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Nobody likes to feel disgust, but feeling disgust for certain things also has its benefits.
According to scientists at the London School of Hygiene and Tropical Medicine (LSHTM), intense emotions such as disgust and repulsion are evolutionary responses we have developed to protect ourselves from pathogens and other types of infectious threats.
“Although we already knew that feeling disgust is good for us, thanks to this study we have been able to verify that the system of human disgust is structured around people, practices and objects that present a risk of illness”, says the expert in Disgusting Val Curtis.
The scientists interviewed more than 2,500 people and gave them a choice of 75 potentially disgusting scenarios, such as sitting next to someone with an obvious infection in the eye , using another person’s deodorant by mistake, or noticing small red dots on the genitals . your partner.
Listening to someone defecate, feeling the licking of a stray dog or sitting next to a person who is vomiting in an airplane were also some of the options to choose.
The participants had to rate each case from “it is little disgusting” to “it is very disgusting”.
The six categories
The scientists analyzed the responses and identified the six cases that produce the most disgust among people.
These are: physical evidence of unhygienic behavior , animals or insects such as cockroaches or mice, promiscuous sexual behaviors , people with atypical appearances , infected wounds or injuries and seeing or smelling expired food.
Of all the options to choose, the infected wounds that produce pus were rated as the most disgusting.
The study also shows that violating hygiene standards, such as having a bad body odor, is considered particularly unpleasant.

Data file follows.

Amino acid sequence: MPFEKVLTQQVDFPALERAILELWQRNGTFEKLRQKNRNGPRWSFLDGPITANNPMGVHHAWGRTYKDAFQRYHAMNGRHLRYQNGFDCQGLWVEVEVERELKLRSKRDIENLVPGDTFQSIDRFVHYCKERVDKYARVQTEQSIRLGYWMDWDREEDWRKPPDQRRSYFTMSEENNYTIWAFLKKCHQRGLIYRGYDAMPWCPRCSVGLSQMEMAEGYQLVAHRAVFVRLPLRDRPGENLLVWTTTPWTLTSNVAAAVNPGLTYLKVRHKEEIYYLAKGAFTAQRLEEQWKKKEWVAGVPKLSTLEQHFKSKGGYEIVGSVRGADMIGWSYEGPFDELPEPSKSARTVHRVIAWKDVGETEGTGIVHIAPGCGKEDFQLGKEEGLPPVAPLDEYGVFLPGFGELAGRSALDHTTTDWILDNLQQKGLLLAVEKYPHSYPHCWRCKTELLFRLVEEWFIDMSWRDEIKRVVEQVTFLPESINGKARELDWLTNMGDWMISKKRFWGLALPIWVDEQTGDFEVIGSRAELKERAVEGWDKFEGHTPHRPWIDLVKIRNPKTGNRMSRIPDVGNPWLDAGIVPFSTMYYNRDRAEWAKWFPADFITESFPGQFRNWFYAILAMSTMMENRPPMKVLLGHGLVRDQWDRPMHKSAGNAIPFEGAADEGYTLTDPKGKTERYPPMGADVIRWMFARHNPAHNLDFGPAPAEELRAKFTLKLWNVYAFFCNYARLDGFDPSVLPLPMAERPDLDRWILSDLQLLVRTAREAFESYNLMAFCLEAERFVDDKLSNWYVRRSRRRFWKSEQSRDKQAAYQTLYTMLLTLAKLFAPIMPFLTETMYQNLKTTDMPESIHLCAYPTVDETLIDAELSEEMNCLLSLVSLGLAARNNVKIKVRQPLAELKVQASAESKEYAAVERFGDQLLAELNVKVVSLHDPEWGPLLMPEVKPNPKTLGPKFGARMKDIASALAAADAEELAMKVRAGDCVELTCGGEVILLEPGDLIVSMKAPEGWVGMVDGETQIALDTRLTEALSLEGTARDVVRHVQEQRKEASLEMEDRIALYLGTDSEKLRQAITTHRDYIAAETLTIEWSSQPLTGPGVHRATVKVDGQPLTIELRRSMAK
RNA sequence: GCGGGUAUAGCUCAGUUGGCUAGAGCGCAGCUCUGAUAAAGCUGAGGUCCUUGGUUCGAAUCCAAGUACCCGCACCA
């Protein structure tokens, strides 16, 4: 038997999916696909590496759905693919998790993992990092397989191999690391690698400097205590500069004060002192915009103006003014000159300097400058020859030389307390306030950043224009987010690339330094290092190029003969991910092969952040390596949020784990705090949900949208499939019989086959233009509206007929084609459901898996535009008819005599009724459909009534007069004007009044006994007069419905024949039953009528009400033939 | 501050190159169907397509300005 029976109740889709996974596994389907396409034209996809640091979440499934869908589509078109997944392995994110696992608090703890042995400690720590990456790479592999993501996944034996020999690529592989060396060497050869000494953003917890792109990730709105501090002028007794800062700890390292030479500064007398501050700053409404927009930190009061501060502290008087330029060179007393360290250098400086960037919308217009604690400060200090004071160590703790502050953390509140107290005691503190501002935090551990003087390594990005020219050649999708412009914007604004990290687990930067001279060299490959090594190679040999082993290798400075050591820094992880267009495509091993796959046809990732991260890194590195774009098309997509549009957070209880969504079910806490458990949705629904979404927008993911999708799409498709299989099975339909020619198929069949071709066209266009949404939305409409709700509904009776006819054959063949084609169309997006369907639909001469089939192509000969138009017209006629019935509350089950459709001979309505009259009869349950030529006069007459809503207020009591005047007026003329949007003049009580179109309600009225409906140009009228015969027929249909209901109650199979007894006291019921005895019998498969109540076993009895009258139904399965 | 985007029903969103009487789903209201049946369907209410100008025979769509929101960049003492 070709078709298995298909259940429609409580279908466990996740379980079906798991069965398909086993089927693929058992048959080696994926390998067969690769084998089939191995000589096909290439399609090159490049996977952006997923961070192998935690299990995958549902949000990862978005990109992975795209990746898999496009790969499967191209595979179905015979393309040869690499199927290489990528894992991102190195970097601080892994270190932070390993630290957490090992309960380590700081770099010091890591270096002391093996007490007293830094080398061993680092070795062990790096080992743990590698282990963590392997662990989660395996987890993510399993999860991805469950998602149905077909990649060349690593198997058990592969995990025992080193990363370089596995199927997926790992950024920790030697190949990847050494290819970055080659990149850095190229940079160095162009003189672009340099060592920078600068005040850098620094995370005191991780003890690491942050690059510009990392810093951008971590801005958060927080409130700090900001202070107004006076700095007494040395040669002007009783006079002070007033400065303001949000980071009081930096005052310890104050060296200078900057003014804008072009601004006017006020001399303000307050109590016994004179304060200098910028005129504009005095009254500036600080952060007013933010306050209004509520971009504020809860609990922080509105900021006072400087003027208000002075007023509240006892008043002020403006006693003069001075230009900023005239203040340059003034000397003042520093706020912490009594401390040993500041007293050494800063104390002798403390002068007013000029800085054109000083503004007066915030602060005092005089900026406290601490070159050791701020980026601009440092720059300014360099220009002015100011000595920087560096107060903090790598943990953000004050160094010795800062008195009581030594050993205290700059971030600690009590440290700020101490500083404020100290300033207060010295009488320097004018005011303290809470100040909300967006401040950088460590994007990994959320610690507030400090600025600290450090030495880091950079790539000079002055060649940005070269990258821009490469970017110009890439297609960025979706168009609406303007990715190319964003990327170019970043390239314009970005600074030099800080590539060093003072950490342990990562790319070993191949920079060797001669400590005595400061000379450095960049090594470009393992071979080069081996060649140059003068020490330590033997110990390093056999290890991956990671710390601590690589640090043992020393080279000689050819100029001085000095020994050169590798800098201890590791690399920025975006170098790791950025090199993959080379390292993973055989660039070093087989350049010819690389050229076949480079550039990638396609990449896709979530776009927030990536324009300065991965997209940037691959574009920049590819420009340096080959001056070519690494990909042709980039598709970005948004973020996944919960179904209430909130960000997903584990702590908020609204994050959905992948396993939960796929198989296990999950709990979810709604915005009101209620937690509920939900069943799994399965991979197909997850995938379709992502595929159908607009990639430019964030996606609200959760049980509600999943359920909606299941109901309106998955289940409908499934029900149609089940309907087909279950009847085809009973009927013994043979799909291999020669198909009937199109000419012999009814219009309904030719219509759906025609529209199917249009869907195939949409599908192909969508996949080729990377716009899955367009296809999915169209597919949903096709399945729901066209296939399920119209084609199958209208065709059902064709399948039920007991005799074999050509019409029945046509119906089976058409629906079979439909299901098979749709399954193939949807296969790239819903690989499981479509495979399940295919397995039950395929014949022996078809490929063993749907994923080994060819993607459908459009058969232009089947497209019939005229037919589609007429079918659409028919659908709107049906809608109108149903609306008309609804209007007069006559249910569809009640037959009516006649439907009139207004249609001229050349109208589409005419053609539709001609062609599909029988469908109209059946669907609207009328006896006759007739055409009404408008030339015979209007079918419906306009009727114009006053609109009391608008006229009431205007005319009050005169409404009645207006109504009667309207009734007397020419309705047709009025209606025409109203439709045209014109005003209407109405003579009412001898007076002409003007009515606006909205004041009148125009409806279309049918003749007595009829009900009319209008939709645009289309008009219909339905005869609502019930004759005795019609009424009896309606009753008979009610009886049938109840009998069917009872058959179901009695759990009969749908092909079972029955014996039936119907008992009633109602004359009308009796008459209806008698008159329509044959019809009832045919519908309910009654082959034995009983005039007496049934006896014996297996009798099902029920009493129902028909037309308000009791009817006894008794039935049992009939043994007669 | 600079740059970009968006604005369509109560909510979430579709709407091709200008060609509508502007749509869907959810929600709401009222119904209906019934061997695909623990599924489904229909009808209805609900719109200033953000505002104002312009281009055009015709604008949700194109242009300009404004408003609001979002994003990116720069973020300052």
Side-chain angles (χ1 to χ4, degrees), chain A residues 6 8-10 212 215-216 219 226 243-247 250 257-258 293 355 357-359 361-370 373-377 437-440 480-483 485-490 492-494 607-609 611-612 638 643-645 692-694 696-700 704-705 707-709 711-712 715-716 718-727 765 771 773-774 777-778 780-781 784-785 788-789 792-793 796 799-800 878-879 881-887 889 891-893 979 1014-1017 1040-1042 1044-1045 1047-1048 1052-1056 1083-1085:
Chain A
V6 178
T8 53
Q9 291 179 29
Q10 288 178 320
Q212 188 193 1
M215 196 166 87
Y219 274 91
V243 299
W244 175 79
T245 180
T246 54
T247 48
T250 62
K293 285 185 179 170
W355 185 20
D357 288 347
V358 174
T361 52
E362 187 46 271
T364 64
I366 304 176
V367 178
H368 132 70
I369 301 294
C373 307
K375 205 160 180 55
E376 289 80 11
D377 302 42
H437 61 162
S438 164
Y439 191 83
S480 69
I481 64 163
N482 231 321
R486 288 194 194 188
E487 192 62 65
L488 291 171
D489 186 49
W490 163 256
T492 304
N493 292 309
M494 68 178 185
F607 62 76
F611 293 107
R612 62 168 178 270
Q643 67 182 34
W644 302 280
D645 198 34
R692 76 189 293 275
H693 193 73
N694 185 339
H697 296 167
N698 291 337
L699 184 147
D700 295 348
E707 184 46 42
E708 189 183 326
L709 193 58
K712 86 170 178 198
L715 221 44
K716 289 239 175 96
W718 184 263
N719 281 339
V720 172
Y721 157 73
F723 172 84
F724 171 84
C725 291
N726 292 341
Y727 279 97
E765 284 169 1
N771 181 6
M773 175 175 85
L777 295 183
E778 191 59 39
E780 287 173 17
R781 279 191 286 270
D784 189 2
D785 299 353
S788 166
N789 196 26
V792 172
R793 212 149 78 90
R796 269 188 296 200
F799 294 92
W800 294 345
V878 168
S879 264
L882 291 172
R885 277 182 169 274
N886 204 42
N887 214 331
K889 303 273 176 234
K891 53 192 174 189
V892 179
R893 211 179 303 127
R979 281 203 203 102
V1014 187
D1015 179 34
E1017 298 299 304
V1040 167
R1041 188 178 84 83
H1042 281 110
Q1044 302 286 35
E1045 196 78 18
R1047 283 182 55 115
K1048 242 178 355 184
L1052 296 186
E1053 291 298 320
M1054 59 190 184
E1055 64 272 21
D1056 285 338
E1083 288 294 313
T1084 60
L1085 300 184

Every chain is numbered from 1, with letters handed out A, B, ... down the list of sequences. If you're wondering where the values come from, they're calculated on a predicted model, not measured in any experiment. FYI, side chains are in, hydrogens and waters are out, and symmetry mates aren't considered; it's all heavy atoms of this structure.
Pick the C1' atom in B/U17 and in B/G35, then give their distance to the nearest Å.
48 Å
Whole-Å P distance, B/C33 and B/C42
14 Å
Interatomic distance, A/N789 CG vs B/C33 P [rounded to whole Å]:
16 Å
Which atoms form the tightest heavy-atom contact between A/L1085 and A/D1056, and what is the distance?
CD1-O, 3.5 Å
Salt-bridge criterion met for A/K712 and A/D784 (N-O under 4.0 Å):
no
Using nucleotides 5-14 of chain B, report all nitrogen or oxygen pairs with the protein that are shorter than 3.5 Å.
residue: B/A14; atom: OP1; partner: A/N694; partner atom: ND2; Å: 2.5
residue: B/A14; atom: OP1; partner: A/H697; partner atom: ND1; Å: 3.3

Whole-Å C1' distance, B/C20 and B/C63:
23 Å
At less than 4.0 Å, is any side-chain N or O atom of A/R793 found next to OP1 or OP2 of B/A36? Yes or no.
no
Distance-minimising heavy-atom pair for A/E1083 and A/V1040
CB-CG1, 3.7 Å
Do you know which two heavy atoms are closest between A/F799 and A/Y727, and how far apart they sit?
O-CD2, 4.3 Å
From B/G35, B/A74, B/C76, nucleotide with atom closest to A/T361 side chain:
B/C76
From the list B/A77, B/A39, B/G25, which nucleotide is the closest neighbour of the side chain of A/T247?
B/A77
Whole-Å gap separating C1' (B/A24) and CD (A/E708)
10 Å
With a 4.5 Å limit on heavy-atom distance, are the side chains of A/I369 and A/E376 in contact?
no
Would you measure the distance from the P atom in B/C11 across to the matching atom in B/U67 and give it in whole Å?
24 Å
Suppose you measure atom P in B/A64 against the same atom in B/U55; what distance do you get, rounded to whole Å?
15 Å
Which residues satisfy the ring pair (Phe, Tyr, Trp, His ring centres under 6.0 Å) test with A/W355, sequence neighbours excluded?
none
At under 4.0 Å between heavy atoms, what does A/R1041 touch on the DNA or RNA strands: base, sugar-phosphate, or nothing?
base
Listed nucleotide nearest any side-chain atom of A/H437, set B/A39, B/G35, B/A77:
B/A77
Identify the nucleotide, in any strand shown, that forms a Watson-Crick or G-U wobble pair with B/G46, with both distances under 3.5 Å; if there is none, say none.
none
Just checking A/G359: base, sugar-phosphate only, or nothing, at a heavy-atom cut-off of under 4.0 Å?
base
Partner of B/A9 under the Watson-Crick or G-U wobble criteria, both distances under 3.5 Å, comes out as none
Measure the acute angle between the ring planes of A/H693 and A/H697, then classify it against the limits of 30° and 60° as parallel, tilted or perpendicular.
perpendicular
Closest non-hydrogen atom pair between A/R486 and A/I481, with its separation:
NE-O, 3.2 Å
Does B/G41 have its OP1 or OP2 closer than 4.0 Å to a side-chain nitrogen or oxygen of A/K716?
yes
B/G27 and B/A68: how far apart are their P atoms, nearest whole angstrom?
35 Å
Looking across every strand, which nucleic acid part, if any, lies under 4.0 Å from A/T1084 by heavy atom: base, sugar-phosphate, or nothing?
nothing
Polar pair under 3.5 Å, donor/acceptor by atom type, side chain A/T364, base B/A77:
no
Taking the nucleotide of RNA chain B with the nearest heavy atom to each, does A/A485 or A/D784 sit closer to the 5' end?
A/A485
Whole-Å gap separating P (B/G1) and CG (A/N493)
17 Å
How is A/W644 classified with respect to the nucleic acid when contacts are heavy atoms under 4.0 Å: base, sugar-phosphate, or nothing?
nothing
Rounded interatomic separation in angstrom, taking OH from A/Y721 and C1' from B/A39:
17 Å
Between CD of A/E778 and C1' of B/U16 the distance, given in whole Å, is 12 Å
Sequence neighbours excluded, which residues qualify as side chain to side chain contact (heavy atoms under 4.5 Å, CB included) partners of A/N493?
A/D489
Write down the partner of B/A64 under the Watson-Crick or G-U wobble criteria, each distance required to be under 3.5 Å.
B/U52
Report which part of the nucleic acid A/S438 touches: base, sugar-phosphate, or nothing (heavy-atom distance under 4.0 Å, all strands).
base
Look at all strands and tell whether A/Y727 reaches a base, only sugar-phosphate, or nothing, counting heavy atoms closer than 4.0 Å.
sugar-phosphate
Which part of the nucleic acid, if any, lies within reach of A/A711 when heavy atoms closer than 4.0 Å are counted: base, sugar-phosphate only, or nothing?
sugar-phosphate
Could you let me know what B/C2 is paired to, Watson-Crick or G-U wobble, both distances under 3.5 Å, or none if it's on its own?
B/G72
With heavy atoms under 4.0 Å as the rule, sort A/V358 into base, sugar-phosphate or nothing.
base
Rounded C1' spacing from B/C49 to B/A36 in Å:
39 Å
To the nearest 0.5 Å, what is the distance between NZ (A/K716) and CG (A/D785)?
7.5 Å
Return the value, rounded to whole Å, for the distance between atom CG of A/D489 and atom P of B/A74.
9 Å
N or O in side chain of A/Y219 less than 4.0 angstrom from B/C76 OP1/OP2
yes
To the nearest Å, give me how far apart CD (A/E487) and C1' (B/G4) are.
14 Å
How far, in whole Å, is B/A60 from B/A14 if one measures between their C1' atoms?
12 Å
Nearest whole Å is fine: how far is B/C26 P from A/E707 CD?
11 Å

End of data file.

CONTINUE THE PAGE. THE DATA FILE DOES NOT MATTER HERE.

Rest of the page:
The results also indicate that women feel more disgust towards these six categories than men.
In particular, women considered promiscuous sexual behaviors and animals with infections particularly repugnant.
One of the most striking results is the disgust towards people who have atypical appearances .
Disgust expert Val Curtis explained to the BBC that each category is related to threats that frequently occurred in our past.
Historically, eating rotten foods could result in an outbreak of cholera, while contact with unhygienic people could transmit leprosy.
Promising sexual practices could put you at risk for syphilis and contact with open wounds could make you sick with plague or smallpox.
Val Curtis explains that people of different appearance, for example with deformities, in the past, implied that they could transmit infectious diseases. In fact, we subconsciously continue to relate certain physical appearances with risks of infection.
“The other day I was on the train when I saw a woman with a very striking rash and the seat next to her was empty, it is an instinctive reaction, because diseases such as leprosy have been eradicated and this person has no risk of infection ” , explains the expert.
It is for this reason that it is beneficial to know what disgusts us and why.
The scientists point out that these results could help when designing public health strategies, for example to encourage hand washing with soap or to counteract the stigma associated with certain deformities.
“It is very important that we understand how these emotions work,” says expert Val Curtis.
“If we identify what promotes disgust, we can have a real impact on people’s health.”